The U.S. Small Business Administration is offering designated states and territories low-interest federal disaster loans for working capital to small businesses suffering substantial economic injury as a result of the Coronavirus (COVID-19). Upon a request received from a state’s or territory’s Governor, SBA will issue under its own authority, as provided by the Coronavirus Preparedness and Response Supplemental Appropriations Act that was recently signed by the President, an Economic Injury Disaster Loan declaration. The SBA’s Office of Disaster Assistance is working with the State of California to complete this step.
Once SBA makes an Economic Injury Disaster Loan (EIDL) declaration in response to a Governor’s request, small businesses in primary declared counties, as well as contiguous counties, will be able to apply online for EIDL assistance at SBA.gov/disaster.
SBA continues to assist small businesses with accessing federal resources, such as working capital loans and counseling, and navigating their preparedness plans through our network of 68 District Offices and numerous Resource Partners located around the country. Find more information on the SBA’s available resources at: SBA.gov/Coronavirus.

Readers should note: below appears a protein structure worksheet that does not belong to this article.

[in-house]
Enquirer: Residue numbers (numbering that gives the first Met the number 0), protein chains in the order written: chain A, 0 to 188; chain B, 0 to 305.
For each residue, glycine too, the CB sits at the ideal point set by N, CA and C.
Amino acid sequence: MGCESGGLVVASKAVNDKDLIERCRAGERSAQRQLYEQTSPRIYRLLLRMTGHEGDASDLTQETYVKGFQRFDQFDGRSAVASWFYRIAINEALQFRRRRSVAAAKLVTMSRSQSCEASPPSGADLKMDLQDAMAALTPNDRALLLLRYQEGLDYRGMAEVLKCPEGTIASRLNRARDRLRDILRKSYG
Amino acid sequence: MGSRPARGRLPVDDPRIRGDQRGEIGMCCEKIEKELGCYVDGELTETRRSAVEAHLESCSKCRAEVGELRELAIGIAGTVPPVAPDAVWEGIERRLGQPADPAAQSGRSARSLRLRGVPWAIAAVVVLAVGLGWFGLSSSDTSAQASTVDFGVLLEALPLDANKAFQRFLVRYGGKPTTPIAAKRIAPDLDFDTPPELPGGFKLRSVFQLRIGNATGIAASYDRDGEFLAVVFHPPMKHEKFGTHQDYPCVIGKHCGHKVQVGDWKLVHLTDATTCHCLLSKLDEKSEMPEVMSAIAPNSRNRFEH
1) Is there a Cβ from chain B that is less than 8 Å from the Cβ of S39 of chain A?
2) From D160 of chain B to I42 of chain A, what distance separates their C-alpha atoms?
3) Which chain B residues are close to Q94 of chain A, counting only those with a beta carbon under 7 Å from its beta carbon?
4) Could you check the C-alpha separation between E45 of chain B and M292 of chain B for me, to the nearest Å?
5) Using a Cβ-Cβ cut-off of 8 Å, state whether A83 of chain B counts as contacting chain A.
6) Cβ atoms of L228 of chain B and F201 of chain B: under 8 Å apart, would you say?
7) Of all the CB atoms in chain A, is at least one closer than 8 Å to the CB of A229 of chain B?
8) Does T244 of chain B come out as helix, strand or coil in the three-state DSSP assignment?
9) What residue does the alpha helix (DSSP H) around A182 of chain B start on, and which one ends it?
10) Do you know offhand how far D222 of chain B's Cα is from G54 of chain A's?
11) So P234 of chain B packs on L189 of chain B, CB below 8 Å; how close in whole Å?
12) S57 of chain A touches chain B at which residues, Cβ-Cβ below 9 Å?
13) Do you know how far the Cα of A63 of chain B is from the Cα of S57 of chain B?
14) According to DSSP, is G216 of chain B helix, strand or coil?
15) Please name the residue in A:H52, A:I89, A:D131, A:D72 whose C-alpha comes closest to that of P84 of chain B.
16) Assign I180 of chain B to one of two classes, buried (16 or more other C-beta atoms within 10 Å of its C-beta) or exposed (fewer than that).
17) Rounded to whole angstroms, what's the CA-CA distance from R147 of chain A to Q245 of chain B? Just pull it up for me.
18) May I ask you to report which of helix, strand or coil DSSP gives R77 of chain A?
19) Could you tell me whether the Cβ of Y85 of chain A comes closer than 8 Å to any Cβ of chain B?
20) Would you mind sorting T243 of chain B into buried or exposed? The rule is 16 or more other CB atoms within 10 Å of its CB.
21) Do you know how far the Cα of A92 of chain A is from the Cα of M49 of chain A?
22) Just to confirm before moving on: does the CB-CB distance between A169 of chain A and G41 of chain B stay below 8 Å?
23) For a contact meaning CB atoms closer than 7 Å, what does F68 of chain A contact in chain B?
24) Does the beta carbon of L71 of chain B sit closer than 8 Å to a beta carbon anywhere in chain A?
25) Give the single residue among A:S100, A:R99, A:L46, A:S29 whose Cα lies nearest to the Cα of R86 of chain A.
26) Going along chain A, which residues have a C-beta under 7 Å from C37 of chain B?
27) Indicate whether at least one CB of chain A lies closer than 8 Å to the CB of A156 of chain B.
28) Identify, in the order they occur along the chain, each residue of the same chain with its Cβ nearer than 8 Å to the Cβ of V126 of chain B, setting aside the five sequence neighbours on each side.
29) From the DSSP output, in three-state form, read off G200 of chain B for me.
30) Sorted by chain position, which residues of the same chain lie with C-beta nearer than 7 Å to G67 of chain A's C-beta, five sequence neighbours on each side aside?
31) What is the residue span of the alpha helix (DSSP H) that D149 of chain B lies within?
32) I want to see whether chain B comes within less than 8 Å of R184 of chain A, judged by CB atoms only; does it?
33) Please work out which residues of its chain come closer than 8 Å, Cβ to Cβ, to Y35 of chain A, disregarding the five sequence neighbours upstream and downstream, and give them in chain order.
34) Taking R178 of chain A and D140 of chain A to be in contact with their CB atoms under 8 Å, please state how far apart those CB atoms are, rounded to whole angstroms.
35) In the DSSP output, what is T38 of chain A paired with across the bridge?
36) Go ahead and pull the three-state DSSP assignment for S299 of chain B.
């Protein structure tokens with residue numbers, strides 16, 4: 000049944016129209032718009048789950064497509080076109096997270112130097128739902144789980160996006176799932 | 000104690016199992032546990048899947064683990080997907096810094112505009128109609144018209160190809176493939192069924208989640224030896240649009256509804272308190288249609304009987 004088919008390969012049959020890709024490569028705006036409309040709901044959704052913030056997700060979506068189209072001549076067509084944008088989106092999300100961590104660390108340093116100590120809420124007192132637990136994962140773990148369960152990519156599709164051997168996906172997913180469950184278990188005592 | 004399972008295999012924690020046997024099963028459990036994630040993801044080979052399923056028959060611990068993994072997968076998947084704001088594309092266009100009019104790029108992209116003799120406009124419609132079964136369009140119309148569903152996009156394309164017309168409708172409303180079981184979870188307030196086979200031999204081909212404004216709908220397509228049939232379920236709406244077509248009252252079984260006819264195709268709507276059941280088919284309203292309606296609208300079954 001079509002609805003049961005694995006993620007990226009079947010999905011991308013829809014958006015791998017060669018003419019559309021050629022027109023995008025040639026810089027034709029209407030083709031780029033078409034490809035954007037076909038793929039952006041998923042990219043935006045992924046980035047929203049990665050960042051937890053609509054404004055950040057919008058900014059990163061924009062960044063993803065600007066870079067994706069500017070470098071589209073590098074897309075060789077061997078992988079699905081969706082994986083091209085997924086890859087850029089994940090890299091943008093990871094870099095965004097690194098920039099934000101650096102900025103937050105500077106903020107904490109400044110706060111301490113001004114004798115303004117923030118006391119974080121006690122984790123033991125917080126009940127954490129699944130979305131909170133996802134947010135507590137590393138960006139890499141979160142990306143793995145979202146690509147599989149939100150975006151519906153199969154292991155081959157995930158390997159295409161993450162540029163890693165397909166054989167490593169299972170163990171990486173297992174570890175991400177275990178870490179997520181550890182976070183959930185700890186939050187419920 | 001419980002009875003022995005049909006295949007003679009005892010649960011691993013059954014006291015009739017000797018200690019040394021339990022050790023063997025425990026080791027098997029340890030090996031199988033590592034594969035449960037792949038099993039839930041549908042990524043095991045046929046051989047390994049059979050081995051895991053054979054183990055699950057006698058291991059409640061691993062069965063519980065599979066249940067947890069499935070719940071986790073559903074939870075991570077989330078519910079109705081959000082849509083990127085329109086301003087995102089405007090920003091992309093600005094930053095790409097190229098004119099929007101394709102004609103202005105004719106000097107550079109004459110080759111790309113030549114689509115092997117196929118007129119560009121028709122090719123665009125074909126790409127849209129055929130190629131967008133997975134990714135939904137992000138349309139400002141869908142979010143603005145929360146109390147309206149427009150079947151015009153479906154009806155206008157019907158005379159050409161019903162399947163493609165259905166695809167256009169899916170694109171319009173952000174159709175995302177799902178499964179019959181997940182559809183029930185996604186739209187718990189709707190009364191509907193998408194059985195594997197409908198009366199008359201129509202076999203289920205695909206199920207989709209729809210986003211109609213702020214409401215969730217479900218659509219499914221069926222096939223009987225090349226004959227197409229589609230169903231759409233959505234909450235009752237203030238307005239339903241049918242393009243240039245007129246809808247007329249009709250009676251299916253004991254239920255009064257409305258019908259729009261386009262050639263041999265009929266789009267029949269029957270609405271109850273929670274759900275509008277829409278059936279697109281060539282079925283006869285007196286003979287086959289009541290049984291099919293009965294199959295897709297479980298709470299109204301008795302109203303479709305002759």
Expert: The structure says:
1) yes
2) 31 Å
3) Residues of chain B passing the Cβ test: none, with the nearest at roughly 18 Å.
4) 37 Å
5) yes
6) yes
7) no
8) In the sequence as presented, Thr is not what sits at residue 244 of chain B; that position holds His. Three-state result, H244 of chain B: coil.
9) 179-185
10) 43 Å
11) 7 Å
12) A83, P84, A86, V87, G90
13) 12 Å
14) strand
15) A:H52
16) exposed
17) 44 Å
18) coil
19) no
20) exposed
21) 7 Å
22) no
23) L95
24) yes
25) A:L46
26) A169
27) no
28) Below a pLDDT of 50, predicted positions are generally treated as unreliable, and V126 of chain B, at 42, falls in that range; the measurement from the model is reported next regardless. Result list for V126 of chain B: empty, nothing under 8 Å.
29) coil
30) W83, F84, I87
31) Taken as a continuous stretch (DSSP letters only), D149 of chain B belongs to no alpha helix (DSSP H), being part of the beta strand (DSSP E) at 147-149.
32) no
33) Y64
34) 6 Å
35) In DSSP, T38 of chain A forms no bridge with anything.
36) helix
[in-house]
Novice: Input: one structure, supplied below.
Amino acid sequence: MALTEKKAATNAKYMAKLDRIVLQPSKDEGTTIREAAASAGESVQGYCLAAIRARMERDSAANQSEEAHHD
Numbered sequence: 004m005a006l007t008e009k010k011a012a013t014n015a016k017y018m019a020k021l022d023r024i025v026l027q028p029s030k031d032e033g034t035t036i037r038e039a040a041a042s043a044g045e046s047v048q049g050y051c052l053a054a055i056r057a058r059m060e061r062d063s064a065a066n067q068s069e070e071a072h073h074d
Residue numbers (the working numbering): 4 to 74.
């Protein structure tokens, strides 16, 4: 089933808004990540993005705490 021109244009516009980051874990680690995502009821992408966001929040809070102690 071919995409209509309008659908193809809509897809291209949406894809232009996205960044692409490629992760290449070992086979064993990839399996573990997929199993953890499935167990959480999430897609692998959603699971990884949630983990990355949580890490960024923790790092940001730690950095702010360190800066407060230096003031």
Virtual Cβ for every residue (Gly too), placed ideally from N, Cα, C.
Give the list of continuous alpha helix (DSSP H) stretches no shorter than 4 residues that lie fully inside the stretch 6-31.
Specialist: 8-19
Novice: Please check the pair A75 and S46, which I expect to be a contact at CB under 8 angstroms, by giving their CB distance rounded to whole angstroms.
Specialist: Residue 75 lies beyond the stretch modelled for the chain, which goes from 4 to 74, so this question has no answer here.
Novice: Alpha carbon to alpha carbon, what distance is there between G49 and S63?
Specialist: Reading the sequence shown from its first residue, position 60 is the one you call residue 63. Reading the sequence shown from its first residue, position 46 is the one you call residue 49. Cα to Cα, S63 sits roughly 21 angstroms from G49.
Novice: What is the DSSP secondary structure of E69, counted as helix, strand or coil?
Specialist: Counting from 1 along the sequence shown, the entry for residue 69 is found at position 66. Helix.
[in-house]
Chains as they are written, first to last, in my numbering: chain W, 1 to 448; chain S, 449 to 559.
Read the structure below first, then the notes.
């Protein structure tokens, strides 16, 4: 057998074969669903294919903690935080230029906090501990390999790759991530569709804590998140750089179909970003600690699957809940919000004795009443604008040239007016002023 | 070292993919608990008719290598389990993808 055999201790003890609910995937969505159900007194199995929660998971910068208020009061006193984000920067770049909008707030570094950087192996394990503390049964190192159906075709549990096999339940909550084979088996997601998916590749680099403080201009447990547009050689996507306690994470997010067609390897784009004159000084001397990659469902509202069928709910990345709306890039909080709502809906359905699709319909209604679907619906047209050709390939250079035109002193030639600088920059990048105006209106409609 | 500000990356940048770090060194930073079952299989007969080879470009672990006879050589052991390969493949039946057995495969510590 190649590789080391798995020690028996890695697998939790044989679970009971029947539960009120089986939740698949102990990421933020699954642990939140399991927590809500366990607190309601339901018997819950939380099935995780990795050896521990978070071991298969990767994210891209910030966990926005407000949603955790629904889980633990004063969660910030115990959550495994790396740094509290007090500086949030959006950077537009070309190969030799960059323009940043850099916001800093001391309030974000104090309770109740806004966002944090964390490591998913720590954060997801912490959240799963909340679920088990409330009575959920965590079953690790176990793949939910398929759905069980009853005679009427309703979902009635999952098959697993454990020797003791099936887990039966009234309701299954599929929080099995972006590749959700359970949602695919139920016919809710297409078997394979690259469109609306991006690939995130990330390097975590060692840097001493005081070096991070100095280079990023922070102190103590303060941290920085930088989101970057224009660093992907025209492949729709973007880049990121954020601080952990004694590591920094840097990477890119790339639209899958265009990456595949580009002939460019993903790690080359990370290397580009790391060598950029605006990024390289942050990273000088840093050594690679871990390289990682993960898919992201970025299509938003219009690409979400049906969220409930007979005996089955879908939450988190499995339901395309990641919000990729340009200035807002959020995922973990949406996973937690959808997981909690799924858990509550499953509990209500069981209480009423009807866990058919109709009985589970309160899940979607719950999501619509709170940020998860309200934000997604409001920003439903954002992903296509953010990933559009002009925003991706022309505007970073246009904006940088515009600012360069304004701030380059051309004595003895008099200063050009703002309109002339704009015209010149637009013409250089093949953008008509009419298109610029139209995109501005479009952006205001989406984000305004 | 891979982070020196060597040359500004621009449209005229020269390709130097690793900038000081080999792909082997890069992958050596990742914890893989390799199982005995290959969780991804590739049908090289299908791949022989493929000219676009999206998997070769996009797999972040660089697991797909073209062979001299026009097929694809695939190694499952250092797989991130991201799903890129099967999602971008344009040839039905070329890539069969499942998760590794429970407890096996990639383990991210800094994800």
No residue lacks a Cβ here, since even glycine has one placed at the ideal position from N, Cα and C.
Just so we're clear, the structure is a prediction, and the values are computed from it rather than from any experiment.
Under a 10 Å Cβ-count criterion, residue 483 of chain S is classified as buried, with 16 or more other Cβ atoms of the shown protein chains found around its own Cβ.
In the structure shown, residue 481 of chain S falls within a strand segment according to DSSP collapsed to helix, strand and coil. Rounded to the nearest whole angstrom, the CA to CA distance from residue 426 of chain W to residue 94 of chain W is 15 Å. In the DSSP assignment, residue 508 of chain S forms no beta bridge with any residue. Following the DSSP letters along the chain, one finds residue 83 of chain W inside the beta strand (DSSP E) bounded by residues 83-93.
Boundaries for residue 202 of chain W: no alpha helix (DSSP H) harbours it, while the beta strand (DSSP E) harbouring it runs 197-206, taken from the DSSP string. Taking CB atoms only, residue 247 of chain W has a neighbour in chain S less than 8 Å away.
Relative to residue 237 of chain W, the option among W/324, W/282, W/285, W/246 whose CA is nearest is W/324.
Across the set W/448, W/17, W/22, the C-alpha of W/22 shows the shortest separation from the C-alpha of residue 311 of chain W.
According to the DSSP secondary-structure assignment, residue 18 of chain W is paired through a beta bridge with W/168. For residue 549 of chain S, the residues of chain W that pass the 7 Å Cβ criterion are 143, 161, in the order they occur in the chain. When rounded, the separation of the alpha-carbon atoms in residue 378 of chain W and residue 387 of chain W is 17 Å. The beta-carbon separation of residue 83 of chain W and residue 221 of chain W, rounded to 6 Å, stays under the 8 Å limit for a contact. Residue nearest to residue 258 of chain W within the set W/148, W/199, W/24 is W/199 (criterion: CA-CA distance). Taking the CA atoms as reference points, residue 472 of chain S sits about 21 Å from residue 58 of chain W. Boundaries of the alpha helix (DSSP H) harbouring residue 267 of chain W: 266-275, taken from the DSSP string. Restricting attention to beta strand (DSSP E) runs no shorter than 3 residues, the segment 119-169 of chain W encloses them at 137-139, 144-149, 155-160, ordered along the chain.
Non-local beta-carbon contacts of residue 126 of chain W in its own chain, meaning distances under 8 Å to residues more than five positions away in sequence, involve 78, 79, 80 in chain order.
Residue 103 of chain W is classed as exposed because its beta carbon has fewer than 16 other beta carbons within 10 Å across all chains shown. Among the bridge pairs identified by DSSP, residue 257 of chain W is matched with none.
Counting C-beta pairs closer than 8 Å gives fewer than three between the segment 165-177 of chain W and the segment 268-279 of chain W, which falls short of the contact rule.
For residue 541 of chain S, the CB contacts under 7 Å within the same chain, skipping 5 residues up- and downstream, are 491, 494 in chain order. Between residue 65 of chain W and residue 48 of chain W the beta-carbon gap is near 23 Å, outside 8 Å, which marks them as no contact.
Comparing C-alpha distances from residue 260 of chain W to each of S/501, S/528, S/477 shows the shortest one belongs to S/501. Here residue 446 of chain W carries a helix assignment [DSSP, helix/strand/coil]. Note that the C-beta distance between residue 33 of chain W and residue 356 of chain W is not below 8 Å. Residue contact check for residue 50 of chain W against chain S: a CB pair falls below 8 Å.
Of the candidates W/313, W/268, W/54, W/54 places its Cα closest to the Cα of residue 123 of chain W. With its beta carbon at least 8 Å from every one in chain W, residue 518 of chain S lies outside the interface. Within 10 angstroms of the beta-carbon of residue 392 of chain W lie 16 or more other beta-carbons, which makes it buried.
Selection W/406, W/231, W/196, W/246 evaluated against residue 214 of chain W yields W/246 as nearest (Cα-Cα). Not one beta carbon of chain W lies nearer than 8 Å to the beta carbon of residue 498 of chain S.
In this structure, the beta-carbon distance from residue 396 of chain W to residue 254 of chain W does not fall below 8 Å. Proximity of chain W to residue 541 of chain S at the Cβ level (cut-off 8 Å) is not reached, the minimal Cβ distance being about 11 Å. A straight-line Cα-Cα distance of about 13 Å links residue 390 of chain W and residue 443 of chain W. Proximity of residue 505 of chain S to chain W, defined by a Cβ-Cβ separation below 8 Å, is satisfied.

SBA also provides disaster assistance loans to those affected states or territories following a declared disaster. Once a Governor makes a formal request to SBA certifying that at least five small businesses in a designated area have suffered substantial economic injury as a result of the Coronavirus, the SBA will quickly review the request and if the Administrator then issues an Economic Injury Disaster Loan (EIDL) declaration, the agency will be able to provide Economic Injury Disaster Loans of up to $2 million per small business. These loans can provide vital economic assistance to small businesses to help overcome the temporary loss of revenue they are experiencing. Find more information on the SBA’s Economic Injury Disaster Loans at: SBA.gov/Disaster.
Small businesses are encouraged to do their part to keep their employees, customers and themselves healthy. The Centers for Disease Control and Prevention (CDC) offers the most up-to-date information on COVID-19, as well as Guidance for Businesses and Employers to Plan and Respond.